Total Pageviews

Wednesday, March 28, 2007

side show act, interrupted

We all work to one effect, some willingly, and with a rational
apprehension of what we do: others without any such knowledge.
As I think Heraclitus in a place speaketh of them that sleep,
that even they do work in their kind, and do confer to the general
operations of the world. One man therefore doth co-operate after
one sort, and another after another sort; but even he that doth murmur,
and to his power doth resist and hinder; even he as much as any
doth co-operate. – Marcus Aurelius

LI was going to directly plow into our Barthes quote – in the post before the last post – to suss out this “immanence” and the strangely intimate world of the news as it is sliced, diced, produced, and repeated on the tv news broadcast that forms the basis for your average American householder’s feel for the world outside of the perimeter. And also the world at the urban center, the fear of the black planet world. Our idea is that the ‘idiocy’ at play in the defense of the Iraq war as something that could best be described in terms of American crime – and not any old American crime, but the crime associated with black metropoles – is a kiss away from the forms and figures of the newscast, from the mentality shaped by those news casts.

But then we said to ourselves: what’s with the fuckin’ directness, LI? Don’t you always say, by indirection I will find direction out? Or something like that, you mumbly old prick? LI likes to diversify meetings of the editorial board with a little insult, to break up the monotony of there being only one editor. I’m cracking myself up here, folks. I’ll be in Omaha on the 5th, and then a two week engagement at the Bismark, North Dakota Holiday Inn with the Dakota Polka Nation. …

Instead, I’m going to cut from Barthes to Mallarme. There’s a cut for ya. Mallarme was fascinated by the fait divers, which was blooming in the late and degenerate last decade of the farce Napoleon. The ‘interrupted side show’, as I am going to translate the following piece of prose, figures in his final collection, Divagations, subsumed under the title of Grands faits divers. Translating Mallarme is a classic mug’s game. It can’t be done, it destroys the destruction wrought on the French language in the French – for like any good modernist prose, Mallarme’s works by wrecking. How, for instance, to reproduce Mallarme’ habitual inversion of the order of anaphora, so that the “this” referred to comes after its anaphoric marking. Like I am supposed to know what this would sound like in English! I’m a babbler here meself. But I found this piece to have, a, on odd match with the line from Marcus Aurelius, and b., something to do with the notion of the brief, intense episode that catches fire with its own elements and burns itself out.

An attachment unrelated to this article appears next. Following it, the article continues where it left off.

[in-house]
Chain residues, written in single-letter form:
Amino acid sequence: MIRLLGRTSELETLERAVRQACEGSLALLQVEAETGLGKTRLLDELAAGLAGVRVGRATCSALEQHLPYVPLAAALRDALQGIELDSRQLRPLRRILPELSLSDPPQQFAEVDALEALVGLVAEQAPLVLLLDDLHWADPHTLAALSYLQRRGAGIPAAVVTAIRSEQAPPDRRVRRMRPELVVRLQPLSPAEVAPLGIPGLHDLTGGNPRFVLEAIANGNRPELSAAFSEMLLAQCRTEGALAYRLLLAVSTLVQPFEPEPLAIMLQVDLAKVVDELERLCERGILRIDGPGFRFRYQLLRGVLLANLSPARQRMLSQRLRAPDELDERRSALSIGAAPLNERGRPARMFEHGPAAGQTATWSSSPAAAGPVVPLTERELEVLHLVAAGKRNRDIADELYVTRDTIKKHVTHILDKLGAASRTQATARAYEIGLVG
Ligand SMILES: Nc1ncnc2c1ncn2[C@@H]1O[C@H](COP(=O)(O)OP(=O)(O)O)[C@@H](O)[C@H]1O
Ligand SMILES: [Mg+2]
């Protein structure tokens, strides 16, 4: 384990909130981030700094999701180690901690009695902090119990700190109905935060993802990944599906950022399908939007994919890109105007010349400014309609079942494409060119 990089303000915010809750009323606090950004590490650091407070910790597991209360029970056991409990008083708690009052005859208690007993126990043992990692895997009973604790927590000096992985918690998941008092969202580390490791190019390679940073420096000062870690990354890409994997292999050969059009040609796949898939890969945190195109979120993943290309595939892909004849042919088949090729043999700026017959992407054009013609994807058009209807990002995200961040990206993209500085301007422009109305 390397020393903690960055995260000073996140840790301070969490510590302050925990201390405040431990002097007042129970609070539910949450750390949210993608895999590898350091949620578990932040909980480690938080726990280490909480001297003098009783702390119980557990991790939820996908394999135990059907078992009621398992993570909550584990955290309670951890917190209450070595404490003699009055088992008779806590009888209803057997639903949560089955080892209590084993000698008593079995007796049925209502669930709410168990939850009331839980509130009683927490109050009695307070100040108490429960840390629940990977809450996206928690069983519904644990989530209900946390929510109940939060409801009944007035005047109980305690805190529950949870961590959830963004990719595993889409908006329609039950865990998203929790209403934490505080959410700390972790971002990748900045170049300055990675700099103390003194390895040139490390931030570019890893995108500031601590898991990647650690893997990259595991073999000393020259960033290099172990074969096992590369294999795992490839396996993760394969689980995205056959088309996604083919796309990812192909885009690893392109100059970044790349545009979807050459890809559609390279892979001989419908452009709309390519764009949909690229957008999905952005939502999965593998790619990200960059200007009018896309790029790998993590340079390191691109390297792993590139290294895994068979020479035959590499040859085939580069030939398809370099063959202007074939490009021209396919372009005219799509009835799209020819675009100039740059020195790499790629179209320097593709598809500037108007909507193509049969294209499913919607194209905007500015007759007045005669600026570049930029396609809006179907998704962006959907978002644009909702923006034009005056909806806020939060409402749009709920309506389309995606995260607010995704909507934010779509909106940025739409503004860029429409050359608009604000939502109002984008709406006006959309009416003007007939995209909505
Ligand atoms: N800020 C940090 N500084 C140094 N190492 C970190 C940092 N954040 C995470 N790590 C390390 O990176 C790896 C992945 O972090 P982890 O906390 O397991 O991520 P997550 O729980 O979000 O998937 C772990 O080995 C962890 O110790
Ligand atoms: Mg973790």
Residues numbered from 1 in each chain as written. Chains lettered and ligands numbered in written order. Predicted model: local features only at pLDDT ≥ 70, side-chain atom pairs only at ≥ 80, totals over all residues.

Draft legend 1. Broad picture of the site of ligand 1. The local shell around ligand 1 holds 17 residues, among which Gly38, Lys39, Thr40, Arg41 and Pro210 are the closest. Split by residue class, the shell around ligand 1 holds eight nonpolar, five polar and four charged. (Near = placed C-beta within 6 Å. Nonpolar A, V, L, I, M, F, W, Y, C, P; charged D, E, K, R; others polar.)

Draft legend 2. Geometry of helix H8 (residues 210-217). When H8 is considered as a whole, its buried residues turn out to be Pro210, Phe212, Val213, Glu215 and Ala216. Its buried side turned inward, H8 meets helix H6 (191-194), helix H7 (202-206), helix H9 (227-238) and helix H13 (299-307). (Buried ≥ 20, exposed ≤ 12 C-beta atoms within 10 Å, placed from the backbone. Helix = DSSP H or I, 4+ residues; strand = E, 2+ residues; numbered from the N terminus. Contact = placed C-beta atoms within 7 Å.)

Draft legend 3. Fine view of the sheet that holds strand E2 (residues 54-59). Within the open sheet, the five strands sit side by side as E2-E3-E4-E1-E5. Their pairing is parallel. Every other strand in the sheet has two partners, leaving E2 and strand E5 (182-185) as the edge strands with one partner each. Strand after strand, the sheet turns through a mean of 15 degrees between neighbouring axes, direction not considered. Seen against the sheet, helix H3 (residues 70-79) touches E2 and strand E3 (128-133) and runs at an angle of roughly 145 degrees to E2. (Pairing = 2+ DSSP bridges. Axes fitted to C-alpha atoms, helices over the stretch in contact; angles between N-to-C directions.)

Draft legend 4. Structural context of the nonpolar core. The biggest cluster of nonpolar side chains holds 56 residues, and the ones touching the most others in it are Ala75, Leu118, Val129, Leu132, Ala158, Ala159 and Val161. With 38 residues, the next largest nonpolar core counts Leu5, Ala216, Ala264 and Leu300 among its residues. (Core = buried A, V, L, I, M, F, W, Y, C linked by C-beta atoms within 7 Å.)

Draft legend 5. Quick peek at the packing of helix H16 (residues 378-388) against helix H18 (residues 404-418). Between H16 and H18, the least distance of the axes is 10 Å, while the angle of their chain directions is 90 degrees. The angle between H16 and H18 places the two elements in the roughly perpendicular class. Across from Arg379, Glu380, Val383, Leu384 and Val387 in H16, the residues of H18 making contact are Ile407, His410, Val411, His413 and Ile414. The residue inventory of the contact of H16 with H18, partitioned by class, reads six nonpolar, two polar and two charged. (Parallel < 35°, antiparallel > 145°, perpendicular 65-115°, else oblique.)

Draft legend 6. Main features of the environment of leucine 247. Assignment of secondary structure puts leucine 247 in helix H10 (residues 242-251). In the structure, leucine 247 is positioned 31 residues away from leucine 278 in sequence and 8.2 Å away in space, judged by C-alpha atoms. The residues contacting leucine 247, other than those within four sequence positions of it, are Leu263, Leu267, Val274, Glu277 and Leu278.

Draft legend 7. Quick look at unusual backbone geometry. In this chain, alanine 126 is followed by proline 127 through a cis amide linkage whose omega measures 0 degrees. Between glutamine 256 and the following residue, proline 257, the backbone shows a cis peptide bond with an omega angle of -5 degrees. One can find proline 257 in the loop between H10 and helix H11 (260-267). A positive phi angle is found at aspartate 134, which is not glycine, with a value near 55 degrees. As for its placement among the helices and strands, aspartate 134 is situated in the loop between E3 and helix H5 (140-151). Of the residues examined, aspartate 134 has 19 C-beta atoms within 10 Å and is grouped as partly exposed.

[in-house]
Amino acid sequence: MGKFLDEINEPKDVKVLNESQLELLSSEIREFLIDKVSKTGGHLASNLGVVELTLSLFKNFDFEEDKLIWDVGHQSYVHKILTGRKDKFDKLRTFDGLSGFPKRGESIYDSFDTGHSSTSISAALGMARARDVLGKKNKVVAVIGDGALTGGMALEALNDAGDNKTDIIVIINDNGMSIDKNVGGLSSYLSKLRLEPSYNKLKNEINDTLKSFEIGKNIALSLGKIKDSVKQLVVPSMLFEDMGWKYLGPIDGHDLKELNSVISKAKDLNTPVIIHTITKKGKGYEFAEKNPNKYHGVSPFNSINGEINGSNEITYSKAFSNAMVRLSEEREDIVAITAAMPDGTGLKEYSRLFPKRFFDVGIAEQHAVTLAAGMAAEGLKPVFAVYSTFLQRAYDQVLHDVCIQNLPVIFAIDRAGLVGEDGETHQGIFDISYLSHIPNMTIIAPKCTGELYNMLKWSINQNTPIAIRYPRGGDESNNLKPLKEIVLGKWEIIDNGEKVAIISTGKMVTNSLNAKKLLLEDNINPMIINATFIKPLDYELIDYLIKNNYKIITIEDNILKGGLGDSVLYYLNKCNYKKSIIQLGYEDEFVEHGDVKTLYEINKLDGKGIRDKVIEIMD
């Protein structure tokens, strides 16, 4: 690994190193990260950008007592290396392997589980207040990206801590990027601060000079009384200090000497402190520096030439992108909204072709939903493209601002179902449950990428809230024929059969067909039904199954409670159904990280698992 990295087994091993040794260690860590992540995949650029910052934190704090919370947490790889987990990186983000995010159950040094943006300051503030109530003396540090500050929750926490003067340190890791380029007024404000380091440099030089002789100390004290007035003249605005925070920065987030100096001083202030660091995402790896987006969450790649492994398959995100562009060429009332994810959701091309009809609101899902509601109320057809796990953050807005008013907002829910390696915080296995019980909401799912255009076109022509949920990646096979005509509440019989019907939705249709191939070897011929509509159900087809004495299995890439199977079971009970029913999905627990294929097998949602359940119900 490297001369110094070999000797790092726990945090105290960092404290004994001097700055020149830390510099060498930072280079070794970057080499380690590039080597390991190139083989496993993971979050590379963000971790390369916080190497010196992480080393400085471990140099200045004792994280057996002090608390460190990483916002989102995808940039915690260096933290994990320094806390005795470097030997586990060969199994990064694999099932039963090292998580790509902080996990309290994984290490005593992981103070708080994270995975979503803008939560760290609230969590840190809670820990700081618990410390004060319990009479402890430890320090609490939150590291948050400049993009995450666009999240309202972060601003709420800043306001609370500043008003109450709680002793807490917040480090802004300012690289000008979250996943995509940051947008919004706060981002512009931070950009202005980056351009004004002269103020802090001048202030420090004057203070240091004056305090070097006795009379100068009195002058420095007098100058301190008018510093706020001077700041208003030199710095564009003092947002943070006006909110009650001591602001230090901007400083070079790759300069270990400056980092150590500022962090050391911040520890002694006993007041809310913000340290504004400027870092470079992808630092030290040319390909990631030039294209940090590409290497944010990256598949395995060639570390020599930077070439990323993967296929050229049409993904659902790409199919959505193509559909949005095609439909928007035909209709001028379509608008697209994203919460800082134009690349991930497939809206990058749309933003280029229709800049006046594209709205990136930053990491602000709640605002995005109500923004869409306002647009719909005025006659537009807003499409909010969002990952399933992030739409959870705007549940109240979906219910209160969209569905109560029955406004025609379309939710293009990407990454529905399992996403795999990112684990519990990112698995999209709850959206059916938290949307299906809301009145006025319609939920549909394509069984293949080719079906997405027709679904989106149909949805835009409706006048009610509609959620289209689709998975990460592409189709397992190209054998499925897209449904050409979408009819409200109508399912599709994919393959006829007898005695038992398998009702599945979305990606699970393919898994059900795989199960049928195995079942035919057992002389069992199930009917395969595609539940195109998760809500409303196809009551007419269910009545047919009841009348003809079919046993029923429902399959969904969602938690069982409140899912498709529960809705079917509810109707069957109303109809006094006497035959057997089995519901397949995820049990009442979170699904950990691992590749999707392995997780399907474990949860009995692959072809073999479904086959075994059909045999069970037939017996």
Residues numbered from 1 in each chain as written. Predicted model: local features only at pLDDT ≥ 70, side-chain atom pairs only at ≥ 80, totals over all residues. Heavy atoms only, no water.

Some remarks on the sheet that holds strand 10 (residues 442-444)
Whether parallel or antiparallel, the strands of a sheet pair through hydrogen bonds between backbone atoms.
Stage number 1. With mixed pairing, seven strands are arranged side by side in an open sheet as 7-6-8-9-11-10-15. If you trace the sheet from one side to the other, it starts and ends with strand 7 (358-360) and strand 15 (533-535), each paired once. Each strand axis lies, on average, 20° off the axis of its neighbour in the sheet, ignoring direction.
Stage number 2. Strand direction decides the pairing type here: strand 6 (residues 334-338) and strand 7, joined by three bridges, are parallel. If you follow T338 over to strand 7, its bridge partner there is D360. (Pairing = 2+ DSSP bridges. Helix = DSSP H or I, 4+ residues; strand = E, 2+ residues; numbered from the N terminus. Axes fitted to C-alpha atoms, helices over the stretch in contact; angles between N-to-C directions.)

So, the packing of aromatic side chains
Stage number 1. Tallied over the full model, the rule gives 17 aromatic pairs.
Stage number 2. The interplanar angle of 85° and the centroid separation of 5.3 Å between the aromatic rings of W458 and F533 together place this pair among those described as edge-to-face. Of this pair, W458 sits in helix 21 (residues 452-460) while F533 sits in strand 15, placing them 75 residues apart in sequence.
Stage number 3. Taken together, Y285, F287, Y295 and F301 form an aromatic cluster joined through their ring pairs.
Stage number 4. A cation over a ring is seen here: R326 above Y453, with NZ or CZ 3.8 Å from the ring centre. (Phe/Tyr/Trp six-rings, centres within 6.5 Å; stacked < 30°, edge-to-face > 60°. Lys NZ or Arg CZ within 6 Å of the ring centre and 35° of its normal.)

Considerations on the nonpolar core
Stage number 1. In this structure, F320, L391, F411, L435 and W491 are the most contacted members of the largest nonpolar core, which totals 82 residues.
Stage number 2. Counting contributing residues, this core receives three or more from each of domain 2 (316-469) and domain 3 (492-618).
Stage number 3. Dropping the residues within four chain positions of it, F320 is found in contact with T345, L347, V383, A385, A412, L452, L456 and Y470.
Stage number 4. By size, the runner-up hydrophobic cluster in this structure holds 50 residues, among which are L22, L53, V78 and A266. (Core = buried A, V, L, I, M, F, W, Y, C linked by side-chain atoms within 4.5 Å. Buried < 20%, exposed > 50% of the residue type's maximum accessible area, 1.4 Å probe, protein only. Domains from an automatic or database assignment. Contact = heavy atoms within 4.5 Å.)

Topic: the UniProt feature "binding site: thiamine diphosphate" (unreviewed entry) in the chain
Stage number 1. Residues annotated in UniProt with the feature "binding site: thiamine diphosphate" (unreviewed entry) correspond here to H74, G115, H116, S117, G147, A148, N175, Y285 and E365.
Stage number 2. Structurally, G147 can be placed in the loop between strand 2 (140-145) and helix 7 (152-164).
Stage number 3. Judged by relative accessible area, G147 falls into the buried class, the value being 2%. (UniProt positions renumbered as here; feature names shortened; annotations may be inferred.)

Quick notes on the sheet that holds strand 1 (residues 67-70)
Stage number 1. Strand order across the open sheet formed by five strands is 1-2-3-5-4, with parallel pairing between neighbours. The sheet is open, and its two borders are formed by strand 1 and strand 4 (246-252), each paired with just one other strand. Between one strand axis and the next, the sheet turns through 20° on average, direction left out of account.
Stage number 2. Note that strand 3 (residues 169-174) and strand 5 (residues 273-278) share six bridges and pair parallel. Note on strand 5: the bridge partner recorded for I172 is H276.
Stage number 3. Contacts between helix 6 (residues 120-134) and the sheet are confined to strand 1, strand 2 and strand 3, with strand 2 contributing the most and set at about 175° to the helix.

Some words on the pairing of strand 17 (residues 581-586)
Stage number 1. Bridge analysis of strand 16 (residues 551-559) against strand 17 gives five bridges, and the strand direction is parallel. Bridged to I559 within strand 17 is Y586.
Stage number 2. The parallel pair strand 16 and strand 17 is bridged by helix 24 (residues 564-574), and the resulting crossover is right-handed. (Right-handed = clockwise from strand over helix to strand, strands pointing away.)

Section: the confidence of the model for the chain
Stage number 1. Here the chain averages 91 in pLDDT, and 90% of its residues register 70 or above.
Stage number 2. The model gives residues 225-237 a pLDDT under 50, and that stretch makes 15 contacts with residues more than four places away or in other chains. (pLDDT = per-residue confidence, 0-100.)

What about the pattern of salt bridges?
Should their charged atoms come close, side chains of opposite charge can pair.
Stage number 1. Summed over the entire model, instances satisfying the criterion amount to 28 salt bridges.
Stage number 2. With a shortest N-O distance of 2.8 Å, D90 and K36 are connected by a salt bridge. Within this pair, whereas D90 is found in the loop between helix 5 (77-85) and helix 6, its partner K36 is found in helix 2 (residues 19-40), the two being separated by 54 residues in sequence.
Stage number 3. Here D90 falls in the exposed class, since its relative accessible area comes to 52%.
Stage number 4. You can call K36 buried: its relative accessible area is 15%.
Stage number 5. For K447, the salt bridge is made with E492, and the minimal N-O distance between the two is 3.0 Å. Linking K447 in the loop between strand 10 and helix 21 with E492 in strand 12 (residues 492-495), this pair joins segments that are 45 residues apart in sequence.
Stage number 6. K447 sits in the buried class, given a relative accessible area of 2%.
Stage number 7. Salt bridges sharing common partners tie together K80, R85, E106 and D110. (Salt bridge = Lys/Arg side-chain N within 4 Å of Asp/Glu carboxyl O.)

An interrupted side show act.
How far is civilization from procuring the joys attributable to that estate! One has to be astonished, for example, that there does not exist an association between dreamers sojourning in every great city to support a newspaper which would take note of events in the proper light of the dream. Reality is an artifice, made for sticking the middle intellect between the mirages of a fact; but it reposes for that very reason on some universal entente: let’s see if it is not, in the ideal, a necessary aspect, evident, simple, which serves the type. I wish, for myself alone, to write as it struck my poet’s gaze, an anecdote in the state it was in before reporters divulged it to the crowds prepared to assign to each thing its common character.